How to Deal with Disillusionment

We’ve all been there, in a relationship that is going so well, you almost believe it’s too good to be true and then it is. Your partner says something or does something that shatters the illusion of the perfect relationship you thought you had. The rose-tinted glasses are thrown to the ground and it can leave you feeling exposed and vulnerable. Having our perceptions challenged in any context can bring confusion but coupled with a new romantic love, it can be a source of discomfort. But what is disillusionment? It can be referred to as the subsequent feeling of disappointment from the discovery that something is not as good as you once believed it to be or that your beliefs aren’t what they seemed to be.

Consequently, we often try our best to prevent our beliefs from being shattered and can even go as far as seeking out information that supports our principles. As Kaila, ‘The Healthy Helper’says in her blog ‘The importance of challenging your beliefs’, people can latch on to one way of thinking, criticising anything that doesn’t support the mindset that they are in, either in relation to their lifestyle or possibly their relationship. In fact, some even actively search out information that will support their illusions, just to hold onto that sense of security and comfort that believing what they think is correct and that their partner is this perfect person they’ve always been dreaming of brings. Our attempts of holding on to our impressions can even go as far as resulting in people getting irritated when someone tries to counter their opinion on their partner and offers a differing view. Demonstrating this shows more of a case of someone forcibly trying to take your rose-tinted glasses off for you as opposed to you being self-disillusioned. 

As much as we may want a ‘perfect’ relationship, the reality is at some point your partner is likely to do something that you don’t like, even if we choose to see what we want to see in our relationships. When we choose to make our beliefs our sole focus, it closes the door on having the ability to learn and grow in your relationships. It is important to remember that just because something doesn’t specifically align with what you believe about your partner, doesn’t make it wrong or bad. It just makes it different. It may seem uncomfortable or distressing to begin with but depending on what the situation is and what it is that has ‘burst your bubble’ so to speak, there are a number of ways you can respond to it and a multitude of directions your relationship can go. So, it is important to think of disillusionment as a chance to grow both in yourself and in your relationship.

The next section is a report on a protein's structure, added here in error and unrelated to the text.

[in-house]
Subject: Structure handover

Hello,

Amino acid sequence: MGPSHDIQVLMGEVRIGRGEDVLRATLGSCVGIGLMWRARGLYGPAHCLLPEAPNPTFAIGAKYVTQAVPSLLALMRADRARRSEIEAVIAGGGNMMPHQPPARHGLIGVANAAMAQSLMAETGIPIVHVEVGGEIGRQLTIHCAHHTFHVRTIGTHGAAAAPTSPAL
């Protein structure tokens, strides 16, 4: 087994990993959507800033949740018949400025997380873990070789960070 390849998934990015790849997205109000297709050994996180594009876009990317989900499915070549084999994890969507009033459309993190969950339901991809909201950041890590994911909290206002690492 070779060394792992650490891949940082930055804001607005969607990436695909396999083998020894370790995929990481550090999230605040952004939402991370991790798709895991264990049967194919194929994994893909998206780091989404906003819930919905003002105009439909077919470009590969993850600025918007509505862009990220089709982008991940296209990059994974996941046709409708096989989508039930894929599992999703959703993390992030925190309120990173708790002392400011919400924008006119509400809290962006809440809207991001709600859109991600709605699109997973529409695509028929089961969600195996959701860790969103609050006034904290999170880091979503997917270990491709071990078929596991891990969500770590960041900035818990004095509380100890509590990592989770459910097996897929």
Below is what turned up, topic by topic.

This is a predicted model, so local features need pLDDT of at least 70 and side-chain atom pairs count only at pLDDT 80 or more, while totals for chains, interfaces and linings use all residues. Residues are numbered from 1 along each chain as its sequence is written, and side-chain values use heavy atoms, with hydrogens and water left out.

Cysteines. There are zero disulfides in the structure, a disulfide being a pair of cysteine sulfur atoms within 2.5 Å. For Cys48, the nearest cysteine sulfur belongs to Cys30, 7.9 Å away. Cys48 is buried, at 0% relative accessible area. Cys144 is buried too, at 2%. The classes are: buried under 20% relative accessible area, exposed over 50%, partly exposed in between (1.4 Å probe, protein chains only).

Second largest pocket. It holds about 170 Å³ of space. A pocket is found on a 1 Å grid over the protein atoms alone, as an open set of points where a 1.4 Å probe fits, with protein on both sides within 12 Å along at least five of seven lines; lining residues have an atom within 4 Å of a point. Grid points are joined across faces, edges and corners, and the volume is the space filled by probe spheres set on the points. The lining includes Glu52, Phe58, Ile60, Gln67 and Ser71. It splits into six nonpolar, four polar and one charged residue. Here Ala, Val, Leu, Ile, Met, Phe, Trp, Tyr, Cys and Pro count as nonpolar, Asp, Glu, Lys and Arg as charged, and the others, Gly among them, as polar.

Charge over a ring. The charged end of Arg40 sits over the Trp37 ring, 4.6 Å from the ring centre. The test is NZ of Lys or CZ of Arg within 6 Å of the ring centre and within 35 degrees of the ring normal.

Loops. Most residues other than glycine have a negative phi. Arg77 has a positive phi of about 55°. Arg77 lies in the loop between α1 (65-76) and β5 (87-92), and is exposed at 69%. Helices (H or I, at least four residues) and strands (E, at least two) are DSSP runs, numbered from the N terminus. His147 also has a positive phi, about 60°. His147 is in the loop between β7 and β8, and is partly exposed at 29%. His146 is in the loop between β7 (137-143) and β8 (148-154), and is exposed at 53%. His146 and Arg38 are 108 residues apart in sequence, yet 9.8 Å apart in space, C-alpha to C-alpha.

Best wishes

Therefore when conflict arises in a new relationship, it is often the first hurdle that you and your partner will have to overcome together. If your gut instinct is to usually cut and run at the first sign of any trouble, then you may be missing out on some potentially great relationships and yet if you are someone who becomes too amenable to certain behaviours, then you are again putting yourself at a disadvantage of finding a healthy, happy partnership. This is highlighted by Therapist, Sally Connollyin her blog ‘Running Away from Conflict’, whereby a compromise needs to be struck between two individuals in a relationships. This is because whilst fighting is not usually great for relationships, never talking about issues that have arisen and not resolving differences, is in fact far more detrimental for your relationship. When couples don’t resolve issues, they are more likely to grow distant from each other as they can end up feeling frustrated, upset and dissatisfied. Not feeling heard only exacerbates a feeling of being misunderstood, something that again will push you further from your partner.